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LL writes: "How do I know if a speaker is New Age or not? There are so many of them out there, and they make some very enticing promises. How do I know who is legit and who isn't?"
Beware of Therapies That (Secretly) Require a Religious Conversion
One of the greatest threats to Christians in the burgeoning field of alternative health care is when these therapies require a person to adopt a belief system that is not compatible with the faith.
Beware of the “Manifesting” Trap
Manifesting is all the rage these days. It’s about how to use your mind to will your goals into existence by using tools such as meditation, guided visualization, vision boards, and other rituals that many believe can make big things happen for anyone. Is this true, and is this something a Catholic should be get involved in?
Why "The Secret" is Nonsense
Anonymous writes: “Some of my friends, who claim to be devout Catholics, are really getting into the book The Secret and are adopting its teachings as a way of life. They don’t think there is anything in this book that violates Catholic teaching. Is this true?”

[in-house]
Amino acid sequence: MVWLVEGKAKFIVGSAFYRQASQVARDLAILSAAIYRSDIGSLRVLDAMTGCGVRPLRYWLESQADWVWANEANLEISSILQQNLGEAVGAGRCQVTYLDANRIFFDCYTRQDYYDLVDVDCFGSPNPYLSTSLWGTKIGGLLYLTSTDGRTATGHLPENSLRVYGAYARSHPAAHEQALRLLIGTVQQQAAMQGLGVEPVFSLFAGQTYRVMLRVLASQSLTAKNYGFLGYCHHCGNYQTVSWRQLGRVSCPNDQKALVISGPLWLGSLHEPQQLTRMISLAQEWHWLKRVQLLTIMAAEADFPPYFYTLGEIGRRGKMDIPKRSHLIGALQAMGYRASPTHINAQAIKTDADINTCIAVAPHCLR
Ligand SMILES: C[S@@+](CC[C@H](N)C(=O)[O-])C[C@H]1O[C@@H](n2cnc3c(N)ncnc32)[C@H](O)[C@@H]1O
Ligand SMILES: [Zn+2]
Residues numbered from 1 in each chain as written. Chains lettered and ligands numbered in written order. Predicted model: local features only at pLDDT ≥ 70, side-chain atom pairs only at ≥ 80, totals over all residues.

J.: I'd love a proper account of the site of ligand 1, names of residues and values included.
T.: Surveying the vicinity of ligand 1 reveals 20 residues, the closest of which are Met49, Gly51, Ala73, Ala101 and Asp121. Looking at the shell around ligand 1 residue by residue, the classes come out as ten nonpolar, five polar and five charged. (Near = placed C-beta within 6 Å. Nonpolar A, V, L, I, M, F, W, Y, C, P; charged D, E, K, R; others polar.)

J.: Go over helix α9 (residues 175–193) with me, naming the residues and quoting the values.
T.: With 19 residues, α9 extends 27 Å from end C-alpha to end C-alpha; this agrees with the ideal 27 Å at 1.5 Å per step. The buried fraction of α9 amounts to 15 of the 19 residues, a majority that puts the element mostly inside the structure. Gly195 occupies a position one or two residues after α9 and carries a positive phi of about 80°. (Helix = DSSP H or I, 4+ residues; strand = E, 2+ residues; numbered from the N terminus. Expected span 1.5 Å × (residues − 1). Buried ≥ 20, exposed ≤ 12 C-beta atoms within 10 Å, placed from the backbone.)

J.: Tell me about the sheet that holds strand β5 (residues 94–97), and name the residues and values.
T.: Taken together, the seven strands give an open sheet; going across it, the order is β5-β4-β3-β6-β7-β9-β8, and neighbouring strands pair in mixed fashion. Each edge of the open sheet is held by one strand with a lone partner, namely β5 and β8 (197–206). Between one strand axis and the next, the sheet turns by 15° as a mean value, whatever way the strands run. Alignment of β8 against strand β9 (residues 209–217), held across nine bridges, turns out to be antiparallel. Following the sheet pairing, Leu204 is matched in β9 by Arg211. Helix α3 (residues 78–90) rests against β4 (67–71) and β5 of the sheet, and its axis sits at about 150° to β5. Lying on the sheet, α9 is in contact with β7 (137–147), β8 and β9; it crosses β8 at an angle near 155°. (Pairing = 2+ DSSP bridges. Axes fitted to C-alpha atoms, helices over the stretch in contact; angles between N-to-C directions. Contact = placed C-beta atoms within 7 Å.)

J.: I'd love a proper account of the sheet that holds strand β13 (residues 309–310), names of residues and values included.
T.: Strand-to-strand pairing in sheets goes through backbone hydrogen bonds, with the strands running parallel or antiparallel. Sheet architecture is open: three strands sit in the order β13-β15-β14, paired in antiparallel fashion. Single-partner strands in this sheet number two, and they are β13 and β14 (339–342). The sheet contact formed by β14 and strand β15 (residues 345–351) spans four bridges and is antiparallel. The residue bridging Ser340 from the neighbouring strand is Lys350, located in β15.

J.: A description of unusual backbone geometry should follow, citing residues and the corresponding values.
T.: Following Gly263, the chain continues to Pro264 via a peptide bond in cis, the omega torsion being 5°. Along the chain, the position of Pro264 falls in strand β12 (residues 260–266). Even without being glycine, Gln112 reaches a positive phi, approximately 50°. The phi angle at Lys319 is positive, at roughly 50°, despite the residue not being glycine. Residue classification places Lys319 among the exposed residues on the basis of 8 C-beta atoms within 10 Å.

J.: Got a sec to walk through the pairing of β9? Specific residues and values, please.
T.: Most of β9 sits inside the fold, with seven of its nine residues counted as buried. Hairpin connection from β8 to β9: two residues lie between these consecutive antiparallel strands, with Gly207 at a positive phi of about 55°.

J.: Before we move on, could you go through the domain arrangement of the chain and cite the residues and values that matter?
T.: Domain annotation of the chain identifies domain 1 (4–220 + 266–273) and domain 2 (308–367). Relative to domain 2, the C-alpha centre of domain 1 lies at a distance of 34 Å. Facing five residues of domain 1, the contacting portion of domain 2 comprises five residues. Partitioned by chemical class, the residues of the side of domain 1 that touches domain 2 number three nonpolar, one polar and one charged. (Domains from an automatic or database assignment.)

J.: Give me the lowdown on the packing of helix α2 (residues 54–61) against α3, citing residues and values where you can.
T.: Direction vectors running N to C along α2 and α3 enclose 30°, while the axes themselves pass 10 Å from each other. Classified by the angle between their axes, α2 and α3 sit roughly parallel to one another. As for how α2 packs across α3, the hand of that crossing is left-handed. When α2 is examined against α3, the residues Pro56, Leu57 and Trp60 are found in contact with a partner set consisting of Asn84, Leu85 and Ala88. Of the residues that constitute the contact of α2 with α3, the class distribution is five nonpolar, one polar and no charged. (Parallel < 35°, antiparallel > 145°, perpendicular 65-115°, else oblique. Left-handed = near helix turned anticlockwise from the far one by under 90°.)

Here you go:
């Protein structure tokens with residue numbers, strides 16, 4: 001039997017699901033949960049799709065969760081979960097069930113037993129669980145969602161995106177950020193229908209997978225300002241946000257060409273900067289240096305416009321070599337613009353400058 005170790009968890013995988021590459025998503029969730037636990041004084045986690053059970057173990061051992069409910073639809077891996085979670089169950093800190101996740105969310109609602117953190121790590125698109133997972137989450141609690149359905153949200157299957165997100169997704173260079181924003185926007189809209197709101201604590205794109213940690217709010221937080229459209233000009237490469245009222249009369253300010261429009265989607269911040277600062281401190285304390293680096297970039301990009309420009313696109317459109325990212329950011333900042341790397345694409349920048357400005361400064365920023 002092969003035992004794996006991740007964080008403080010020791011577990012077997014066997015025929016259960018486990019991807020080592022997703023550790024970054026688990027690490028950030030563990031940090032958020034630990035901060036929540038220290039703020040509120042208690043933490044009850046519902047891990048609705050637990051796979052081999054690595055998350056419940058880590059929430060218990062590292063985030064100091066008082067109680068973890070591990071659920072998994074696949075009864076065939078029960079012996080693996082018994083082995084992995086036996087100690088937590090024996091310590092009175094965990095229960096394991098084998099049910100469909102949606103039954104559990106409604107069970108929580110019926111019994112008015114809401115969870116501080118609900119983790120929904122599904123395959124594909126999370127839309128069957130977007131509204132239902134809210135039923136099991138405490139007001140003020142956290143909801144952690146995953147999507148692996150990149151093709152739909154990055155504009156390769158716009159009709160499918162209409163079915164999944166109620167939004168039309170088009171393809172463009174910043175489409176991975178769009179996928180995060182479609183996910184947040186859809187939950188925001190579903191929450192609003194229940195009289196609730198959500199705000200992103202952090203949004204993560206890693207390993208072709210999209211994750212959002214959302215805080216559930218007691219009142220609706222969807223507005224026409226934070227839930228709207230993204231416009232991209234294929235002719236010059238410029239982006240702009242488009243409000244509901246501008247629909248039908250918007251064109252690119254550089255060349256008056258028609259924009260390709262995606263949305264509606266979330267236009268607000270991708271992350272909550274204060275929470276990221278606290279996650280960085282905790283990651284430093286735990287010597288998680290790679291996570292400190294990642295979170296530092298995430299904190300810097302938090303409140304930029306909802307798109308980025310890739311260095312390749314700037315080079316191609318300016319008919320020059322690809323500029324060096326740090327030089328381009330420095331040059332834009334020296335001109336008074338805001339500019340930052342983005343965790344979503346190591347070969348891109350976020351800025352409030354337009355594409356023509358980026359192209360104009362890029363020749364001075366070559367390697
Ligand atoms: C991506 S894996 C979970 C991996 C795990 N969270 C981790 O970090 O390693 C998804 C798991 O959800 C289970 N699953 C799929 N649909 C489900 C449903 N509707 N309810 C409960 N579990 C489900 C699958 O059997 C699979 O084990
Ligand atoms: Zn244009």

Catholics Be Wary of New Age Thought Control Techniques Disguised as Neuroscience
New Age thought control techniques continue to evolve, and the latest version attempts to marry the Law of Attraction with neuroscience and the Reticular Activating System of the brain. It’s catching on, even in some Catholics circles where it’s being used in spiritual formation. What’s it all about and can Catholics use it in their quest for sanctity?
Vision Boards and Magical Thinking
PM writes: “I was wondering if someone can be clear on the dangers of Dream Boards or Vision Boards. Is this New Age? I was invited to a party of with a group of women cutting out pictures of their wishes and glue them to a board to hang up and look at each day hoping that the ‘Universe’ will provide them all the wishes on their boards.”
The Right (and Wrong) Way to Visualize the End of the Coronavirus
Right about now, most of the planet is experiencing “cabin fever.” After almost two weeks of confinement, we’re sick of having no where to go but the grocery store and the pharmacy. Well, if you were part of the New Age “vision board” craze, you would simply hang pictures of fun things to do on a poster board along with uplifting positive words like, “go shopping” and “have a party” and – poof! – this whole coronavirus mess would be over. Can that really work?
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